The stock market slump starting the year is a giant bummer.
The S&P 500 is off 7% from its Jan. 3 high, nearing the 10% threshold for a correction. Fear is widespread that the market is headed for bear territory (a 20% drop), given the Federal Reserve’s moves to boost interest rates, plus high inflation and supply-chain snags. Last week, the pessimists pointed out, the S&P 500 was down three of the five trading days, and Friday’s heartening 2.4% advance could easily be just another head fake, soon to be erased amid high volatility.
Fear not, says Ned Davis Research: A correction is quite likely, but not a bear. Then the market will resume its upward trajectory, the firm predicted. “The January market decline is thus better described as a stiff rotational correction than the start of a new bear market,” wrote Tim Hayes, the firm’s chief global investment strategist.
He noted that not all countries’ equities are doing this poorly. “If a cyclical bear was getting started, we would not expect such bifurcated performance,” Hays said. “Typically, in a developing bear, worries about a deteriorating macro environment spread globally, sending markets downward in sync.”
He’s got a point: Britain, Singapore, and Hong Kong are all positive. And the MSCI All World Index ex-USA is off 4.9%, a much better showing than the US’s market. Among MSCI indexes, 17 are ahead this year, and 14 of them are in emerging markets (EMs), the report indicated. Examples: Nigeria, up 8.5% for 2022, and Brazil, ahead 7.4%.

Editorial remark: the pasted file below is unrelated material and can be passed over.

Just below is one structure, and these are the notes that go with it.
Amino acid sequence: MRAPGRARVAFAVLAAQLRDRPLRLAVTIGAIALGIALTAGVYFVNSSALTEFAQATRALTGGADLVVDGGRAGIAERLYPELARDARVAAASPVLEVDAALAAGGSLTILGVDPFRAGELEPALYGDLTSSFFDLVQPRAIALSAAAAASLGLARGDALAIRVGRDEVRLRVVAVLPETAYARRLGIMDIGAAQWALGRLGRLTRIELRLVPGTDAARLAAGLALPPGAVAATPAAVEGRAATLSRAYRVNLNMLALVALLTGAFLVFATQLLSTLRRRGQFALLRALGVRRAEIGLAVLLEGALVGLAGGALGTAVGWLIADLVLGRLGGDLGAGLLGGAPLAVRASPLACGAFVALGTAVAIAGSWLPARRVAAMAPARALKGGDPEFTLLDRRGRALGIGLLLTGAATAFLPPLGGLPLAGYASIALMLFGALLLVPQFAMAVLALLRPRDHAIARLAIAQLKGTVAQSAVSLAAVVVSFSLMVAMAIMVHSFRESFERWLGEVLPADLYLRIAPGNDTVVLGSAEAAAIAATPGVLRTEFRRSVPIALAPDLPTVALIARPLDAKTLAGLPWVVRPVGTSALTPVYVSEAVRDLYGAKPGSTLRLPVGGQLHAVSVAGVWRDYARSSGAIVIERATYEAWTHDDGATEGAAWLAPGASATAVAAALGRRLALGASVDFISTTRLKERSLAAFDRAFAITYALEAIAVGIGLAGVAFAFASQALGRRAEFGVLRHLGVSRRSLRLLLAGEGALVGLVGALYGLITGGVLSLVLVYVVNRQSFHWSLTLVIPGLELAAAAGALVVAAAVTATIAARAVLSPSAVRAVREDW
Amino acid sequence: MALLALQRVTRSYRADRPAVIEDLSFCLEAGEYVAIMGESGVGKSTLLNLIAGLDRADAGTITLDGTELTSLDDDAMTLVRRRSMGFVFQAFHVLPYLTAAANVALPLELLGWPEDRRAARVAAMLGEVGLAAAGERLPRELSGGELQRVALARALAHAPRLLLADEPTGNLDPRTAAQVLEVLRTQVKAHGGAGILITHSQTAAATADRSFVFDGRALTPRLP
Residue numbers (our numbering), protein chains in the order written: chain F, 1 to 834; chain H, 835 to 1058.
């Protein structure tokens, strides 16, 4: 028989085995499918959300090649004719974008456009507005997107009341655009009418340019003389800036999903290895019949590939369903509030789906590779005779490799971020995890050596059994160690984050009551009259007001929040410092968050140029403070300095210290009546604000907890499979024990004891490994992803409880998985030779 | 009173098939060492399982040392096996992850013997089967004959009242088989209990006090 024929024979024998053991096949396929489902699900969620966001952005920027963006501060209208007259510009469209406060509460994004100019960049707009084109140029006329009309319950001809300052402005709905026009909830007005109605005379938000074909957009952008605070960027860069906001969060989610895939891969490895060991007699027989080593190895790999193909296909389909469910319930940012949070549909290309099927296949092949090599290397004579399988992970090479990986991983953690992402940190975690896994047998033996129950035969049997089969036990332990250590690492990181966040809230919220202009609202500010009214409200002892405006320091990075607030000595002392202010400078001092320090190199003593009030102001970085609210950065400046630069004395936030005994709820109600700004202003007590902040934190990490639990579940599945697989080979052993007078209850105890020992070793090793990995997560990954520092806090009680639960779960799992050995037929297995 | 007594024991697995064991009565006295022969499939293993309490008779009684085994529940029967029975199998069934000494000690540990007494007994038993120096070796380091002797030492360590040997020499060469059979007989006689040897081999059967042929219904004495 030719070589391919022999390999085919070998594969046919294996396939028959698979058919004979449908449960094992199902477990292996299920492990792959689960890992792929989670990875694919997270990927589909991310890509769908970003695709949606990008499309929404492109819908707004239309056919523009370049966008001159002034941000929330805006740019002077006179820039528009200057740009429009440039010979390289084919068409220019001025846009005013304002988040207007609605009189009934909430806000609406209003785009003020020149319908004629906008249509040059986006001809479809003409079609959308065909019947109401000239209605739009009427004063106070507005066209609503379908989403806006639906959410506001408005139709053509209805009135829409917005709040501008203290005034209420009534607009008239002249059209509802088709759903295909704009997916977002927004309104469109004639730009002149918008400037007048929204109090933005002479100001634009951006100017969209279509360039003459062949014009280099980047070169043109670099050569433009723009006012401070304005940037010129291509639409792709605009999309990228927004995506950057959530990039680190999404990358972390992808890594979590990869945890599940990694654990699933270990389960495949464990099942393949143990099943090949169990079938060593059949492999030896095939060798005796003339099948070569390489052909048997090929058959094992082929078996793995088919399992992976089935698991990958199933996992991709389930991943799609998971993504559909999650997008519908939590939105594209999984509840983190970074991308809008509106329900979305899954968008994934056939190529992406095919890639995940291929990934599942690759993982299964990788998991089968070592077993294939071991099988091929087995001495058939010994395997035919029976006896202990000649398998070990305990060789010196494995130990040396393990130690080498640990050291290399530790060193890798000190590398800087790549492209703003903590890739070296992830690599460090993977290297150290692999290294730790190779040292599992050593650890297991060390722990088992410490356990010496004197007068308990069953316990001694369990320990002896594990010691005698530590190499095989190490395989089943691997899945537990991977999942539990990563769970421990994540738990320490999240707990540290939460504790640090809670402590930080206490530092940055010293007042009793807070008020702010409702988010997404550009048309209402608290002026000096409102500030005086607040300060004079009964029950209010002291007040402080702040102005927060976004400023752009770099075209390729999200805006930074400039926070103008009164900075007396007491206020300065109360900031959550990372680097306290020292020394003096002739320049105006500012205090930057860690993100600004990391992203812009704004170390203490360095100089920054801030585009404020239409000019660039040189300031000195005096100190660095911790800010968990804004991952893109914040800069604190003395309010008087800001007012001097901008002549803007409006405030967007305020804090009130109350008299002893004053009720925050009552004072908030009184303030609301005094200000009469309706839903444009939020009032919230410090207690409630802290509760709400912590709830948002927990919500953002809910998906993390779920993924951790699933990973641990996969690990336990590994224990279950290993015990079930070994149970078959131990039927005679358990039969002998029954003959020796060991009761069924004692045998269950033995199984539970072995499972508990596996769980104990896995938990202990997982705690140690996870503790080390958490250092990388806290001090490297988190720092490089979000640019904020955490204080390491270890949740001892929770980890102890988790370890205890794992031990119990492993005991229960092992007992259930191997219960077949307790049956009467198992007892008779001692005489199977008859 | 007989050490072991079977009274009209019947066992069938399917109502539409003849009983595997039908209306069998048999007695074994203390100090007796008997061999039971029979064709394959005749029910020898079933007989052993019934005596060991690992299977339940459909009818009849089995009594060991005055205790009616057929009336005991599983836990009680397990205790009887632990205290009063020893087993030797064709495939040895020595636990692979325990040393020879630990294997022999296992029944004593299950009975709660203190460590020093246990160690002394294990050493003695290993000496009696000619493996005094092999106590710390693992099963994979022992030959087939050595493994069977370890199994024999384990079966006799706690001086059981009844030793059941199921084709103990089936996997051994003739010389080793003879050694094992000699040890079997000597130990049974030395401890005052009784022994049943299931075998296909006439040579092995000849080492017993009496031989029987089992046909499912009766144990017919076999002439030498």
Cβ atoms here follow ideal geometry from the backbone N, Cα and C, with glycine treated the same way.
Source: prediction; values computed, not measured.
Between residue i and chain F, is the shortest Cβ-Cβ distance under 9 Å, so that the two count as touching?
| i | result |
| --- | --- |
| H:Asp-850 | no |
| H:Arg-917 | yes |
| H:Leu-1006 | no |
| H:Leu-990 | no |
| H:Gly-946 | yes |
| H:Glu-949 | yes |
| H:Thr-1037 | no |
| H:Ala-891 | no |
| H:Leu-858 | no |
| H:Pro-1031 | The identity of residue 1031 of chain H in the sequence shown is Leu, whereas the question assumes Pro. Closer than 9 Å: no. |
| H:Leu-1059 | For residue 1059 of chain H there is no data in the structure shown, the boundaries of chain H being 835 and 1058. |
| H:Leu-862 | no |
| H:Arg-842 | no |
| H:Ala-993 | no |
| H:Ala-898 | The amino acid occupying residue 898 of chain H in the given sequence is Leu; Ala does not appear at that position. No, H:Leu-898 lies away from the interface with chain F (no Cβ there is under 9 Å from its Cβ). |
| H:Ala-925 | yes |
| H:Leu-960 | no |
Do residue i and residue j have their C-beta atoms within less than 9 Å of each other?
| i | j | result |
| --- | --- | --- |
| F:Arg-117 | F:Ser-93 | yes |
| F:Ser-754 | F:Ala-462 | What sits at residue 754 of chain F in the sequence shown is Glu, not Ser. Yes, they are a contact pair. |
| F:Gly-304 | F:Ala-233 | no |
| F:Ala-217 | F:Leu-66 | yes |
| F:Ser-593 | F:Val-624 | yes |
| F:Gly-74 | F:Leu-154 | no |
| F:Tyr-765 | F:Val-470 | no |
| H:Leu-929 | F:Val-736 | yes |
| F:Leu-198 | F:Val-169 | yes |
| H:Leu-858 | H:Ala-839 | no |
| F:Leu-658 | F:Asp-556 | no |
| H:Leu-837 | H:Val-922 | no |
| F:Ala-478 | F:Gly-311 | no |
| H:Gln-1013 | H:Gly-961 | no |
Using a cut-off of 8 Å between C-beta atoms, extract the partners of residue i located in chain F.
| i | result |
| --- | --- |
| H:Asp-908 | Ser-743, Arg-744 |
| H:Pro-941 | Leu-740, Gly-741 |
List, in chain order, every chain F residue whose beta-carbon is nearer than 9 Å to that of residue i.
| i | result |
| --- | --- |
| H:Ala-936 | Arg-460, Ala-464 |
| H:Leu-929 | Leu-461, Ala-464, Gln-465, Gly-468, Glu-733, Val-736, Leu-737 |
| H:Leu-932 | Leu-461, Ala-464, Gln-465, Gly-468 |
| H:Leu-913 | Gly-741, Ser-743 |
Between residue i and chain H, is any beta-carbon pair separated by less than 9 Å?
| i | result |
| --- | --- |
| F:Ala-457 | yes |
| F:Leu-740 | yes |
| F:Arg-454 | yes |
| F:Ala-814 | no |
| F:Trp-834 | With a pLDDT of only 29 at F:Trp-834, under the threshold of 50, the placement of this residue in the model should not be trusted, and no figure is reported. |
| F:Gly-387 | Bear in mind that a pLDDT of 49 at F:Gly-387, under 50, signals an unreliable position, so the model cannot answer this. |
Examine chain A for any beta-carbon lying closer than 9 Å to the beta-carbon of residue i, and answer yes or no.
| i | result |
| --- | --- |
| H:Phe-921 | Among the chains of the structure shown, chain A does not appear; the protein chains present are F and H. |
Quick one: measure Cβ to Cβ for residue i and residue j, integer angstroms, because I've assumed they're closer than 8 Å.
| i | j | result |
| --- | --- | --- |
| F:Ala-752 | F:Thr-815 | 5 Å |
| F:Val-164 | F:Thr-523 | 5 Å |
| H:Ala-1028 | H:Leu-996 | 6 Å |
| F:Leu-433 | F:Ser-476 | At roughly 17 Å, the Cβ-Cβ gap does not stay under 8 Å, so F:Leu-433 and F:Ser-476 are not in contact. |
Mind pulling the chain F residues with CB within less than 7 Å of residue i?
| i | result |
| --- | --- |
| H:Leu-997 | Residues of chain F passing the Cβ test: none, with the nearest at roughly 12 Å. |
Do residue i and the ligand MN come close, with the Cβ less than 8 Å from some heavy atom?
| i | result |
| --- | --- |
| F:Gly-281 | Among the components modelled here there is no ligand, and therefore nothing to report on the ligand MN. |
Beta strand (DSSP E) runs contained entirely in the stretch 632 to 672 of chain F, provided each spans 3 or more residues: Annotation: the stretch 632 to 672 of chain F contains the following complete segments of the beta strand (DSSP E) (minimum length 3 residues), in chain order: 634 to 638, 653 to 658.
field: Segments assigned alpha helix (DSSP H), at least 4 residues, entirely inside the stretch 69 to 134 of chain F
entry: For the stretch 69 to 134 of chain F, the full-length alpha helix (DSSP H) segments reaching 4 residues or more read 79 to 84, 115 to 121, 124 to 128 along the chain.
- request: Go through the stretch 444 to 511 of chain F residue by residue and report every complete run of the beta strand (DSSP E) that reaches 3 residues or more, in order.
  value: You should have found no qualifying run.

Ned Davis’ in-house indicators don’t show that the market will descend to a bearish level. “Oversold with pessimism extreme, the major equity benchmarks have been testing Monday’s intraday lows this [past] week, apparently building a base to be followed by renewed rallying,” Hayes declared. “The global bull market uptrend remains intact.”
To bolster his correction-only thesis, Hayes argued that what has happened to once-dominant tech stocks underscores that the sector’s prices were simply too lofty to be sustained. And don’t betoken a pan-market dive.
“In bailing out of technology, investors have sold the sector that’s been the most overvalued and most prone to underperform when bond yields are rising,” he wrote.
Certainly, the Nasdaq 100, home to the tech leaders such as Apple and Microsoft, is in correction turf, down almost 13% from its November high, much lower than the S&P 500.
“And that makes it likely that the bad news has been priced in and that a bottoming process is under way,” Hayes contended. “The indicator mix is currently more consistent with the end of a correction than the onset of a new bear.”
How much the Federal Reserve will boost interest rates, which could crimp stocks, is a matter of much debate and trepidation. Hayes conceded that rates could mess things up and “could lead to warnings.” Some indicators that Ned Davis watches might then take a bad turn, he said.
But the chief gauge of market unrest, the CBOE Volatility Index or VIX, has yet to reach “the level that would add a bearish signal to the report.”